How do you write about the Egyptian revolution? You sneak up on it from behind:
By Raphael Cormack
Since 2011, the question of how to write about “The Egyptian Revolution” (or whatever we call it) has been extremely difficult to answer.
Egyptian author Omar Robert Hamilton’s recent novel, The City Always Wins, explicitly omitted the “18 days” in Tahrir Square from his narrative. It has almost reached the point where, by reading the cultural production of the past five years, one begins to doubt that it ever happened. It is no co-incidence that one of the most successful literary representations of the events of 2011-13 (Mahmoud Abd al-Wahhab’s Ahlam al-Fatra al-Intiqaliyya [Dreams of the Transition Period) is told through a series of dreams. A newly released app uses you phone to show images of protests where the streets now stand empty. Although designed to preserve the memory of the period, it also highlights the dissonance between the present day and this period.
Writers are not (by and large) attempting to address this period directly or head-on in their work. Instead, people have been trying to find ways to approach it from different angles – to sneak up on the revolution from behind. This is what the theatre-maker Ahmed El Attar has done in his new play Before the Revolution, which was created at the Rawabet theatre in Cairo and then premiered in Switzerland in October before setting out to tour across Europe. I went to see the performance in the TARMAC theatre in Paris on the first of December.
This is El Attar’s first new work since the 2014 Last Supper, which has become a staple of the AUC Falaki theatre in recent years. As one of the most important playwrights working in Egypt now, a new play by el Attar is something of an event. Compared to the large cast and wide, open set of Last Supper, his new work is much more contained. Two actors — Nanda Mohammed and Ramsi Lehner — stand on a large platform, amongst a bed of protruding nails which ensure they remain stationary. They face out to the audience, never turning to each other, and recite their intertwining monologues.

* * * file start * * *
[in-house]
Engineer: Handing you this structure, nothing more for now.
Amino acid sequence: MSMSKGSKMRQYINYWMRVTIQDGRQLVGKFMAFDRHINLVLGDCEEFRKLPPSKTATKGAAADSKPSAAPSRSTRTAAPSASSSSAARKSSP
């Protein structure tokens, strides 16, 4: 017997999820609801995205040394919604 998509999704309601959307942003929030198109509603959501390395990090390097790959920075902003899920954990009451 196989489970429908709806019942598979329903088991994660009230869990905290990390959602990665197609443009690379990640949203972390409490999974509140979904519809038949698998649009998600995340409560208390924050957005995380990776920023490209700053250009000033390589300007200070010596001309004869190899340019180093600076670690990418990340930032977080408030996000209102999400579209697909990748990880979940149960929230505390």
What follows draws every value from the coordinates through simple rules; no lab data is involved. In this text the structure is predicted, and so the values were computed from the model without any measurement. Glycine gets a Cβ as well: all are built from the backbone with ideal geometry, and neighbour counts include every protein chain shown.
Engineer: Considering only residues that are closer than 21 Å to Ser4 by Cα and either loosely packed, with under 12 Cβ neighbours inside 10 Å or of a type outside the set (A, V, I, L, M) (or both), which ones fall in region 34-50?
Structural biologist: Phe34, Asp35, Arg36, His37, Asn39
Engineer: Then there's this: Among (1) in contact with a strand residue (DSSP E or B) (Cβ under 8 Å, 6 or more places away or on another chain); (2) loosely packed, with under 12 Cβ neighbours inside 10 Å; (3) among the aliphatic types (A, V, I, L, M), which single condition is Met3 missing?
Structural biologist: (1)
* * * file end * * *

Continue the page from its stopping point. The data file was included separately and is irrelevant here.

The stage set forcibly disconnects the performers from each other; disconnection, in fact, is the overarching theme of this short (50 minute) play. El Attar builds his narrative through a series of events that happened in the decades running up to 2011. The events revolve around two major topics: state negligence and fundamentalist violence. The assassination of Farag Foda and the terrorist attacks in Luxor and Sharm el-Sheikh sit alongside the 2006 sinking of the al-Salam Boccaccio 98 and the 2002 al-Ayyat Railway Accident. This is punctuated by football chants and one particularly harrowing scene of sexual abuse of a servant by her wealthy master. Having the two actors simultaneous enact this scene as they stare, motionless into the audience is extremely disturbing. This class criticism that was so dominant in Last Supper still has a place in el Attar’s new play.
The “revolution” hangs silently over everything in this kaleidoscopic drama, whose cited influences range from religious sermons to Oka and Ortega songs via “Wikipedia Arabic.” Pre-revolutionary time begins to merge with the events of the revolution. The lists of people killed in the various attacks and disasters that the actors dispassionately recite remind me of the lists of the martyrs of the revolution. Although the “revolution” is there, it is unclear exactly where we are being asked to find it in the play. The tension builds, enhanced by the metronomic soundtrack by Hassan Khan that plays throughout and the tightly wound performances of Ramsi Lehner and the always-fantastic Nanda Mohammed, and we wait for an explosion that never arrives. El Attar seems to deliberately mock the desire for a simple narrative. The only time we are given anything like this in Before the Revolution is in the descriptions of melodramatic soap operas which aired in 2010. The story, for instance, of a worthy woman finding her true love, tied up with a happy ending, jars so profoundly with the rest of the play that we are forced to concede that Egyptian history has been no soap opera.
Although it is less than an hour long, the play left me exhausted. The different set pieces bleed into each other, and it becomes an assault of tragedy, death, and despair, sometimes hard to piece together and without any neat or satisfying climax. Since the play is, above all, an attempt to deal with the legacy and memory of the “Egyptian Revolution,” all that seems rather appropriate.
January 26 and 27, 2018: Showing in Antwerp
Raphael Cormack is a PhD student at Edinburgh University working on 19th and 20th Century Egyptian Literature. He blogs at https://onpaper.blog.